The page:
A Thin Line Between Love And Hate. And God, Apparently.

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Nine-year-old Tyren asked a question of Barack Obama at a New Orleans town hall. He asked "Why do people hate you and they're supposed to love you and God is love?" The question did not warm my heart.


The question (and the article) is making the rounds as a cute, feel good story about a child that was brave enough to question the hate.

But it gives me pause. I've read it over four times, and it still doesn't sit well with me.

Tyren is only nine years old. Hopefully he was asking what was in his heart. But honestly, no one is required to like the President. Some people will and some people won't. No one is supposed to love Obama. I really hope someone instills this child with a healthy skepticism of authority figures. Secondly, I don't see what God has to do with matters of politics. Some people cite God and argue Obama is the Antichrist, some people cite God and argue that he's the biracial savior come to heal two separate nations, but most people allow politics to be politics and leave God out of it.

Obama did handle the question well, responding:

"Well, first of all, I did get elected President, and not everybody hates me," he told Tyren. "If you're watching TV lately, everyone seems mad all the time. Some of it's just what's called politics. One party wins, the other party feels it needs to poke you to keep you on your toes. You shouldn't take it too seriously. People are worried about their own lives, losing jobs, health care, homes, and feeling frustrated. When you're President of the United States you've got to deal with all of that."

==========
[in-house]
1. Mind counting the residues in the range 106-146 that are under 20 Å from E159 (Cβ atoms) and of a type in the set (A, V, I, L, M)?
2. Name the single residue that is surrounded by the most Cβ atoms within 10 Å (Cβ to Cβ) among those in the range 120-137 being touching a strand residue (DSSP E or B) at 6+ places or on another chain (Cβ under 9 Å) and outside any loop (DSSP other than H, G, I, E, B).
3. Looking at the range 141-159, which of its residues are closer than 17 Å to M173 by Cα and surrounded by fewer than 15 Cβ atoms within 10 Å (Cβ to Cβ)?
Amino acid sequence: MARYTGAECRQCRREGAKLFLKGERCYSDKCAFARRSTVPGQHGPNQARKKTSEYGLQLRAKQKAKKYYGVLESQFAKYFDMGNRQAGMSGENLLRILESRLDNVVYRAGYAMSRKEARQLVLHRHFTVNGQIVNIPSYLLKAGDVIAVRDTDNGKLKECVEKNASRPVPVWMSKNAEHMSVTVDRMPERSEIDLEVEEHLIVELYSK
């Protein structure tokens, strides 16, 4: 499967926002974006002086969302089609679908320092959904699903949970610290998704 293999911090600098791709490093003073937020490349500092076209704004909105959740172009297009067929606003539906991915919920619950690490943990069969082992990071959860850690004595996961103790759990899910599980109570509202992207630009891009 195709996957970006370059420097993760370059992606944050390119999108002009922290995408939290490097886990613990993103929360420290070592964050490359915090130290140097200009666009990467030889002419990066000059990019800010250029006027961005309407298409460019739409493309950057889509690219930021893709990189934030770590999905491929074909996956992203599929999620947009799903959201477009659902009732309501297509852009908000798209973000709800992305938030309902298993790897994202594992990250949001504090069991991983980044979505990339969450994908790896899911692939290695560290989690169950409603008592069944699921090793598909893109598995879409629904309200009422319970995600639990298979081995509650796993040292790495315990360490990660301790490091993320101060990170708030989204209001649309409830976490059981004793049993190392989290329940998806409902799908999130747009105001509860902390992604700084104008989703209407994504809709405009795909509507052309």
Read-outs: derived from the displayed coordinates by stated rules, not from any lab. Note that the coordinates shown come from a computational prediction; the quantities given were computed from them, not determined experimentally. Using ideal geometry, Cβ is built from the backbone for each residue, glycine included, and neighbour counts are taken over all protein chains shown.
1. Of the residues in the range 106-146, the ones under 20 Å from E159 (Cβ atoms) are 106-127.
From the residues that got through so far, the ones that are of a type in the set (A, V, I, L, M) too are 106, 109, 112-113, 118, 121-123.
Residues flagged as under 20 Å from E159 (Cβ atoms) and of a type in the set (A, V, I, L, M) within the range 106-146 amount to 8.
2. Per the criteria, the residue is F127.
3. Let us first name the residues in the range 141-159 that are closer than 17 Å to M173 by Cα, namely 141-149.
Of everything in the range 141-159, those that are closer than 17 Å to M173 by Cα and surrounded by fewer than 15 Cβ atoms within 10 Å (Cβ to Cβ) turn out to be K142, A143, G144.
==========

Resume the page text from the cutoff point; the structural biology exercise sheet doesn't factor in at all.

Anyway, there's that. If you think it was cute, great - that was my (religious) boyfriend's reaction as well. He is explaining to me that this comment is rooted in a Bible verse about loving thy neighbor. He argues I am reading too much into a comment from a kid who is most likely trying to make sense of his bible study, nightly news, and fourth grade.

But I responded that kids become adults, and we have a whole lot of adults running around who never had to challenge their beliefs, which is why we are in the fix we're in surrounding civil discourse in this country. And I don't care if it 's out of the mouth of a babe or an elder, putting God and politics too close together always makes me jumpy.


So, perhaps you think I'm overreacting, and it's just a cute little phrase. And if you feel slightly unsettled, you aren't alone in that feeling either.

"Why Do People Hate You And They're Supposed To Love You And God Is Love?" [Blog of New Orleans]



It does actually worry me a little when people put politics and religion together, even kids. I think he's trying to articulate a difficult ethical/moral idea in Christianity...which is that, agree or disagree, you're supposed to love "thy neighbor" in that compassionate, empathetic way. Or at least that's my assumption. I was brought up atheistic Buddhist, so, I'm not an expert on Christianity and its moral layers.

That said, there's an element of literalness there that always does make me uncomfortable, maybe especially when it's kids. While the concept of loving thy neighbor is nice, what does that actually mean to most people? Or to this particular child? It seems to mean he thinks people should love the president, which many clearly don't, and there's a lot of anger and vitriol out there. Which can't really be explained or reconciled with religious doctrine.

And, as an atheist, I can't say as I've ever liked the notion of "God is love". Love is love. Compassion and ethics and being kind and generous to your fellow human beings is not a religious concept, nor something only a belief in "god" can promote.

I realize this child is 9, and that a lot of this is about nuances and degrees and interpretation that he'll (hopefully) discover as he gets older. But I don't think there's anything wrong with looking at that comment and considering the implications. #barackobama